Gov. Jerry Brown signs bill to require paid sick leave

Gov. Jerry Brown speaks in Los Angeles before signing a bill that will require California employers to provide paid sick leave starting in July 2015.
(Bob Chamberlin / Los Angeles Times)
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Employers in California will be required to give part and full-time workers at least three days of paid sick leave each year under a state mandate that takes effect in July 2015.

The new law, signed by Gov. Jerry Brown on Wednesday, gives workers paid sick leave at a rate of one hour for every 30 hours worked and lets them begin using the accrued time after 90 days of employment. The hours could also be used for time off to care for a sick family member.

The law, which advocates say expands paid sick leave benefits to 6.5 million workers, has been a priority for unions and workers’ rights groups for years. Business groups oppose the measure, which they say is costly to employers and could hurt hiring.


Brown, who said there was a growing inequality between workers and business owners, called the mandate “really modest.”

“When you look at the power and the wealth that is accumulated by a very small percentage, and then you look at the people at the bottom ... this is the least we can do and there’s more in the coming years,” Brown said. “This is a real step forward.”

In 2006, San Francisco County became the first county in the nation to require employers to provide paid sick leave for all employees, including temporary and part-time employees, who work within the county.

An April report by the National Partnership for Women and Families, a Washington, D.C., nonprofit that advocates for such policies, said that at least five other U.S. cities had passed laws requiring paid sick leave.

With the governor’s signature, California became only the second state to pass such a law after Connecticut approved a similar measure in 2011. Legislation has been introduced or groups are campaigning for laws to make paid sick leave mandatory in at least 20 other states.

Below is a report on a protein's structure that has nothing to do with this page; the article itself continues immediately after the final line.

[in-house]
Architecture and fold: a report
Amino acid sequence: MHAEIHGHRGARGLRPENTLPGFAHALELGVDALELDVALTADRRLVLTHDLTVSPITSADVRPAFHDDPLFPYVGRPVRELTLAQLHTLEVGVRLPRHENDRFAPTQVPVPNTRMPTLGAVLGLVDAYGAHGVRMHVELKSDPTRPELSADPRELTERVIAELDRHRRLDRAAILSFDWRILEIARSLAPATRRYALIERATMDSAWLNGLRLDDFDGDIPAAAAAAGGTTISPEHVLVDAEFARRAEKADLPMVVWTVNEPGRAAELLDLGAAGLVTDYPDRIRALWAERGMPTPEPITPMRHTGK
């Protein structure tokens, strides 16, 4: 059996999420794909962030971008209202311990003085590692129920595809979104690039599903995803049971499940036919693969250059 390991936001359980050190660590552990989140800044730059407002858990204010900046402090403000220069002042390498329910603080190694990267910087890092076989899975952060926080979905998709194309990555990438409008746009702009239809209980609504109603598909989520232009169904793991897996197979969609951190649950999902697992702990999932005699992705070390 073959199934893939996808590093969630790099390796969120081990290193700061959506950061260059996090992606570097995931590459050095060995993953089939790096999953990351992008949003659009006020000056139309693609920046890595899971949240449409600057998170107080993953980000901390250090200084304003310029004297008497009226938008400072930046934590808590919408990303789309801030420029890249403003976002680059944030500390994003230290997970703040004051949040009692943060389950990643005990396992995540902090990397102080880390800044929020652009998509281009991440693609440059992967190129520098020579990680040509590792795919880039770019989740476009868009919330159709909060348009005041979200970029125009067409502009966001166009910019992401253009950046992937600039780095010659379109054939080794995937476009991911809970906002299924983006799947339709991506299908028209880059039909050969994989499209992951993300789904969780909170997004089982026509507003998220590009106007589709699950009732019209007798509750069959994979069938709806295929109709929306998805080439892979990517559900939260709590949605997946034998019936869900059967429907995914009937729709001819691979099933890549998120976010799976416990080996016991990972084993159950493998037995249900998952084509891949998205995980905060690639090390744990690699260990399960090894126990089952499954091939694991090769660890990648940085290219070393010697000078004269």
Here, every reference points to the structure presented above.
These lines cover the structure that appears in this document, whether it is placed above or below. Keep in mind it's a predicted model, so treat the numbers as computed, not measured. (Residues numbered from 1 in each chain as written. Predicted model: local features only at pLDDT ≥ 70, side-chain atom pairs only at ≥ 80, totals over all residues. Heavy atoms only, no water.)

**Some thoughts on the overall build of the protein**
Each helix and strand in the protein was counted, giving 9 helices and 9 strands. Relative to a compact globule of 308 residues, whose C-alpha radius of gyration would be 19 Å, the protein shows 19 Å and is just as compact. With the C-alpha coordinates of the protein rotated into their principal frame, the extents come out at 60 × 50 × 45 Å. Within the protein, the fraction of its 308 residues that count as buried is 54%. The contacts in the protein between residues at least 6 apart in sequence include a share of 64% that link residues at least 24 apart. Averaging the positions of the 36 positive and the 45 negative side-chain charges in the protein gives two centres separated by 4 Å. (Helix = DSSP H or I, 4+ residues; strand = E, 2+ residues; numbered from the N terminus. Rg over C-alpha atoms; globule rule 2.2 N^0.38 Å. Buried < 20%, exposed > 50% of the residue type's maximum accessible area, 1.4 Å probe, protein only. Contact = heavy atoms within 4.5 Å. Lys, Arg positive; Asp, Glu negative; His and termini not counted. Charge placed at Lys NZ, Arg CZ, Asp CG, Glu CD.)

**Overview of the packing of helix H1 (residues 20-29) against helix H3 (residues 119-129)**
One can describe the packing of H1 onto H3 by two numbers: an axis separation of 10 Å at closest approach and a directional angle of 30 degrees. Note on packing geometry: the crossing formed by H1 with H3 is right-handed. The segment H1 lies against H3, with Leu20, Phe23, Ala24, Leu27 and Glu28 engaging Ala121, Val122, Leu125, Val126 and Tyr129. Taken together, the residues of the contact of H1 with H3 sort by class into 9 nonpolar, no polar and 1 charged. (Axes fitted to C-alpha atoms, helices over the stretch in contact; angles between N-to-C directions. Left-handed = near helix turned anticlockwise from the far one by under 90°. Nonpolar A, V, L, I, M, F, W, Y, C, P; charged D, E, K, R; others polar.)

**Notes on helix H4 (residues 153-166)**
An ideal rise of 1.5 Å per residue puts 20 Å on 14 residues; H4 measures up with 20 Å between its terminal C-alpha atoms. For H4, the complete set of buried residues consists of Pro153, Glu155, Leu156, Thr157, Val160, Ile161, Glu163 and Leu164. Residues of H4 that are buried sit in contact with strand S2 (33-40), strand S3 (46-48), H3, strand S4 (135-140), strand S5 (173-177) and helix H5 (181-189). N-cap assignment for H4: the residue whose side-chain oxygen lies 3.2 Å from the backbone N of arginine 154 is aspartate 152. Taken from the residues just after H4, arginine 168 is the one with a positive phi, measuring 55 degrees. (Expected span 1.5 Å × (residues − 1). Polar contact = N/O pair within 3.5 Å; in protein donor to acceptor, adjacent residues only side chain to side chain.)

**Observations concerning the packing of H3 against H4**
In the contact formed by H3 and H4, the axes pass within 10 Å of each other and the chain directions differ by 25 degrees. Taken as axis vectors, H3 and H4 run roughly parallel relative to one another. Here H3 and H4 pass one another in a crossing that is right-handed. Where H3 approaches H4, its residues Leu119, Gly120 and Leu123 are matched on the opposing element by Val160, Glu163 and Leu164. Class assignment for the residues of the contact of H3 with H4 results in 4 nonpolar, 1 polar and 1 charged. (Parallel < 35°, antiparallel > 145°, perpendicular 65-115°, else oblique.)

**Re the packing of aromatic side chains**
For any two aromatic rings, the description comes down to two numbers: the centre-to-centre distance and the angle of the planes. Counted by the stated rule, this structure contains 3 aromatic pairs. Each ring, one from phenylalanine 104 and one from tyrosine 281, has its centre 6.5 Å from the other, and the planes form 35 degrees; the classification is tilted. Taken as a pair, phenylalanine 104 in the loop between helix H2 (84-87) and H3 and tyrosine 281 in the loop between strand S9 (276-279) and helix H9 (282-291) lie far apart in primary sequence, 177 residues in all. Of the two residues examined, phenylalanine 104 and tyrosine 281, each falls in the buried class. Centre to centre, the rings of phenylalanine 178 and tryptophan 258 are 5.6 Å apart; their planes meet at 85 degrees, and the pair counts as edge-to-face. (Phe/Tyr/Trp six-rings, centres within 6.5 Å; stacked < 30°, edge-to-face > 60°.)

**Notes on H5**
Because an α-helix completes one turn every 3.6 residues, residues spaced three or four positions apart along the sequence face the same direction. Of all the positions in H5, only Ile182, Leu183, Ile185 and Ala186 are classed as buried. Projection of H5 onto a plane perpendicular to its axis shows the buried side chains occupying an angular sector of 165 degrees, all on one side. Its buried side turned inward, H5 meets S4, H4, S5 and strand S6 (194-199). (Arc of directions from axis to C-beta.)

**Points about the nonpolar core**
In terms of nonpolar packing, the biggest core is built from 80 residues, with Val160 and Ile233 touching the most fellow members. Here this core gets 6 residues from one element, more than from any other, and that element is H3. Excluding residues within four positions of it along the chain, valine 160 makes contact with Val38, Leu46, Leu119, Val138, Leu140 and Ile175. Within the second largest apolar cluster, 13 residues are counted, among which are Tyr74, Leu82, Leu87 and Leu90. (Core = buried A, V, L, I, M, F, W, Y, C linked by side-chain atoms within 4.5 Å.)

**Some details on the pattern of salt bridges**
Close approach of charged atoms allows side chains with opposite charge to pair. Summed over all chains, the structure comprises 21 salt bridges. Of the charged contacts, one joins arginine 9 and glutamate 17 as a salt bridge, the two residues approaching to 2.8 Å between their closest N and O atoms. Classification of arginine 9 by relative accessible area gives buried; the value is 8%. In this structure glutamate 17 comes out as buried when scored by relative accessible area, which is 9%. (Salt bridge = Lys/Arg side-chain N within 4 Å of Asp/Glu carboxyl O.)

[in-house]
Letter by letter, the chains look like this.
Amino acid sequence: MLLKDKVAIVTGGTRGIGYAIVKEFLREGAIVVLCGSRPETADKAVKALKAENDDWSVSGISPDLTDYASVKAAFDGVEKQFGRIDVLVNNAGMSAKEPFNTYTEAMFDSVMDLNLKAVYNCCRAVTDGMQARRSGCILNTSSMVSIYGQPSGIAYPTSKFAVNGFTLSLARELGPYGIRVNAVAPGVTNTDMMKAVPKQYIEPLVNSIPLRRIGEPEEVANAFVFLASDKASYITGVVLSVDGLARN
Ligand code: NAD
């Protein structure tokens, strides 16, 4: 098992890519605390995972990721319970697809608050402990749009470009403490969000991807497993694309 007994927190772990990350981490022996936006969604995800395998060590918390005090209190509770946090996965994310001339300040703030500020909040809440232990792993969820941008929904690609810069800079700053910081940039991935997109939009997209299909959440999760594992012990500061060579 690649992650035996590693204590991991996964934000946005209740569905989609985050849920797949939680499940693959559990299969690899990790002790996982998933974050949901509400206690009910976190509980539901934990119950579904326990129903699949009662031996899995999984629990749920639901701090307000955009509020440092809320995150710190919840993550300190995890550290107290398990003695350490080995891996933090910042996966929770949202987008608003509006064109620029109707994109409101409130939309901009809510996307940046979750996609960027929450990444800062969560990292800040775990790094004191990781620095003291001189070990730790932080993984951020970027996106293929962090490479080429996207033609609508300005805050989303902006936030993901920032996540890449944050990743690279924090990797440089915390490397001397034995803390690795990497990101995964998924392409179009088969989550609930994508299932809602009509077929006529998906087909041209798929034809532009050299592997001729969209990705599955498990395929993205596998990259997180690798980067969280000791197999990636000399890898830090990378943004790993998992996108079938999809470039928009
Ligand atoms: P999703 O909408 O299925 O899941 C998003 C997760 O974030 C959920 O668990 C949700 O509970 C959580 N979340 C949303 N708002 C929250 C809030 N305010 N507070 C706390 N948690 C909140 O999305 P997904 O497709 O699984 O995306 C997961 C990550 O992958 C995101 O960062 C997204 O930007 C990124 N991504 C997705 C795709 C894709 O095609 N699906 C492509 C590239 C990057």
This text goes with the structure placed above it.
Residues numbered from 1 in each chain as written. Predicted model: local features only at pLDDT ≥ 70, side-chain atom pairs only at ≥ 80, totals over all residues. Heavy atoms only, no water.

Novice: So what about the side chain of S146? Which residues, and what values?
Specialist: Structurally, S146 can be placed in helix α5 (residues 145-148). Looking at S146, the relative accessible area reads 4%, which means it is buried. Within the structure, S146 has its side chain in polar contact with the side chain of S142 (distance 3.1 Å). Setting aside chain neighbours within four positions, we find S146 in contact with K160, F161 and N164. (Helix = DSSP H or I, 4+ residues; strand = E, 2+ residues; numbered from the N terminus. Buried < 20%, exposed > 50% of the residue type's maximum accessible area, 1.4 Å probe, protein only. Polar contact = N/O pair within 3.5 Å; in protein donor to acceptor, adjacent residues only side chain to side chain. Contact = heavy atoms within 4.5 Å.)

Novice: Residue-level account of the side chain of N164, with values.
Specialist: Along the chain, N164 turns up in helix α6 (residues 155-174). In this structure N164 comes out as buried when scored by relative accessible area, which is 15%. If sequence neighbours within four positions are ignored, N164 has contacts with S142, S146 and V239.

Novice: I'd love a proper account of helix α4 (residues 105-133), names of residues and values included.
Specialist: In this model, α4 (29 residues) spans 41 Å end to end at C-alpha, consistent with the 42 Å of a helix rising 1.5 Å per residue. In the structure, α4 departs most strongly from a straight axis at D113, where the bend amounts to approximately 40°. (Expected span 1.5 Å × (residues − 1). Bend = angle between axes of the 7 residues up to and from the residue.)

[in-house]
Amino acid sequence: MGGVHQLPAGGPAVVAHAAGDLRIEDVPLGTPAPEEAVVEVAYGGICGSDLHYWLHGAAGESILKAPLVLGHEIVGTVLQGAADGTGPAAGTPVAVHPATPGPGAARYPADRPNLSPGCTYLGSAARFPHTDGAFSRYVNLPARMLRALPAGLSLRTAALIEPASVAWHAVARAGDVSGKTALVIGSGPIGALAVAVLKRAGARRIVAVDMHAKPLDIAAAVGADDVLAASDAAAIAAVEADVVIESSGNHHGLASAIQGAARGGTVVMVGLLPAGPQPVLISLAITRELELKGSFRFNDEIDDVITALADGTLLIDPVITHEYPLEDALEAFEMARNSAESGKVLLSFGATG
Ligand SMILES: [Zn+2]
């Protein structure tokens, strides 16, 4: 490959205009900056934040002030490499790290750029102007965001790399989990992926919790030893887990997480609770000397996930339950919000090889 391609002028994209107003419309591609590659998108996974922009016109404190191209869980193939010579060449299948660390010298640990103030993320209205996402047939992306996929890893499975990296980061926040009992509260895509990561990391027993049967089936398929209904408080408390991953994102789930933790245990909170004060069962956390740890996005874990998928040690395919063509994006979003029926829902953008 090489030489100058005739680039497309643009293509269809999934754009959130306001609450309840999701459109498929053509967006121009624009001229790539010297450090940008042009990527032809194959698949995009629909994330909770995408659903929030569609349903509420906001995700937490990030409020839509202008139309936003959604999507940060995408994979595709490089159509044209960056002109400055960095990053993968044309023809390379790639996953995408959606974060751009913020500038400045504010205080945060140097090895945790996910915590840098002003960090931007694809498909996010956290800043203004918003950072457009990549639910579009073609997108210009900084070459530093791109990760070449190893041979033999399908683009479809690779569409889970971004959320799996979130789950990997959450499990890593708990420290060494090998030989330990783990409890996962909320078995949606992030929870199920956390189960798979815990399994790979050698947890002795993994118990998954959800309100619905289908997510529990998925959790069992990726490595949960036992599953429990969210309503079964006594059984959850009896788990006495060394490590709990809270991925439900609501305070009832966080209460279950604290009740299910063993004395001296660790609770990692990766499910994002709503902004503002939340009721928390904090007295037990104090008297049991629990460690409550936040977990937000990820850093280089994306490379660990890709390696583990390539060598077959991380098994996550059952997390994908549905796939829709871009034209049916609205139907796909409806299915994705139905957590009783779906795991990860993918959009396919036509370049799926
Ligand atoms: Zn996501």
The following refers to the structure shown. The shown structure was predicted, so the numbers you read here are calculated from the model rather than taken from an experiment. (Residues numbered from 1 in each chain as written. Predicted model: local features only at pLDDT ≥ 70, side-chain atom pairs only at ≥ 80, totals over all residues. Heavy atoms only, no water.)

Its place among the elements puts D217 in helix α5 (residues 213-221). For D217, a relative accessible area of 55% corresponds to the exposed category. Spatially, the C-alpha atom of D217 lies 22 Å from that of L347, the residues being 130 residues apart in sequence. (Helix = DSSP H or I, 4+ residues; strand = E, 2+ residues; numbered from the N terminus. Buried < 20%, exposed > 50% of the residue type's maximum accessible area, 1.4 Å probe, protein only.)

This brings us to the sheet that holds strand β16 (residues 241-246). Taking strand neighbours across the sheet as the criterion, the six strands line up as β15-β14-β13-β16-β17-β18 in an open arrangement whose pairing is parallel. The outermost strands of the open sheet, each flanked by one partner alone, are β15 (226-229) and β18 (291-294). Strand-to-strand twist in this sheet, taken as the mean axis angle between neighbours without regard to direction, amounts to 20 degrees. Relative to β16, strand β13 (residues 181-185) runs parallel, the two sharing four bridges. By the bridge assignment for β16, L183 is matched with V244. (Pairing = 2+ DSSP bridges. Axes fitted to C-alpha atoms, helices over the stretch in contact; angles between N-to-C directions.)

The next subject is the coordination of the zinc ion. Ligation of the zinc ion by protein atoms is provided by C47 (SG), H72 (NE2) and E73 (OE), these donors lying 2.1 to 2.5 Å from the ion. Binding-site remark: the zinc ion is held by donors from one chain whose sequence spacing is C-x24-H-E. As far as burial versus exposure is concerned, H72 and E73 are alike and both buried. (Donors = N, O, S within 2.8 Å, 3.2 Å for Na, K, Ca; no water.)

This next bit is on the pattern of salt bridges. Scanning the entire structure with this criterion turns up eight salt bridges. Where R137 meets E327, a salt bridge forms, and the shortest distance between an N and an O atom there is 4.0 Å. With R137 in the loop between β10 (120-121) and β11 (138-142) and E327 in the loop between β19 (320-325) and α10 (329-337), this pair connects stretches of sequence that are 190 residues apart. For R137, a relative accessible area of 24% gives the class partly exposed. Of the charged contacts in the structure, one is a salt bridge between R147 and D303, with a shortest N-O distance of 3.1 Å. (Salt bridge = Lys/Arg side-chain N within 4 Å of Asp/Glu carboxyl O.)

About 40% of California’s workforce — an estimated 6.5 million people — have no paid sick leave benefits at all, according to the governor’s office. Supporters of the bill said those workers face a choice of working while ill or taking a loss of pay to care for themselves or an ill family member. They also said sick employees could infect co-workers or customers.


But business groups say workers taking time off because of an illness was never a “real issue.” Jot Condie, president and chief executive of the California Restaurants Assn. said flexible scheduling or shift swapping in the food service industry enable employees to take off when they need it without penalty. The state’s requirement adds an unnecessary expense for businesses, he said.

“Operators essentially have to pay twice — for the staffer staying home and for someone to take their place,” Condie said. “A one-size-fits-all approach to sick leave is inappropriate and onerous.”

The requirement applies to both full-time and part-time employees, but exempts workers subject to certain collective bargaining agreements and airline flight crews and attendants who are under federal labor laws. A late amendment was added to the bill to exempt state-funded in-home healthcare providers because including them would have cost the state $106 million annually.

“That’s an admission of the fact that this [law] is a burden,” said Jose Villa, a member of the National Federation of Independent Businesses California Leadership Council and president of an advertising agency in downtown Los Angeles. That burden could disproportionately affect small business in the state, he said.

John Kabateck, executive director of the independent business federation in California, said the new law would add to the cost of doing business in the state.

“Our small-business owners, who make up more than 99% of the employer community in California, already face an increase in minimum wage, among the highest taxes and more regulations than any other state,” Kabateck said. “This will only serve to eliminate any plans small employers have to grow and expand their businesses.”


Villa, whose business employs more than 40 people, said he already provides paid leave time because the market dictates it and workers expect it. But he said he’s annoyed that the state will now tell him how he should account for and credit those hours. Villa also said he was concerned that the law created a liability for business owners.

Employers would be required to display posters telling employees of their right to paid sick days and informing them that retaliation for requesting or using paid sick days is illegal. Employers could face fines of up to $4,000 per day for withholding paid sick leave or violating the bill’s requirements.

Villa said he was concerned that employees who are terminated after being sick, but for reasons unrelated to their use of sick leave, might now be able to file a wrongful termination claim alleging that they were fired in retaliation.

Not all small businesses are against the move, however. Kerry Slattery, co-owner and general manager of Skylight Books in Los Feliz, said she had been thinking about giving her part-time employees paid sick leave. Full-time workers already get three sick days, a personal day and a week or more of vacation time.

“I think it’s a reasonable thing to do,” Slattery said. “It’s investing in professional employees.”


Twitter: @chadgarland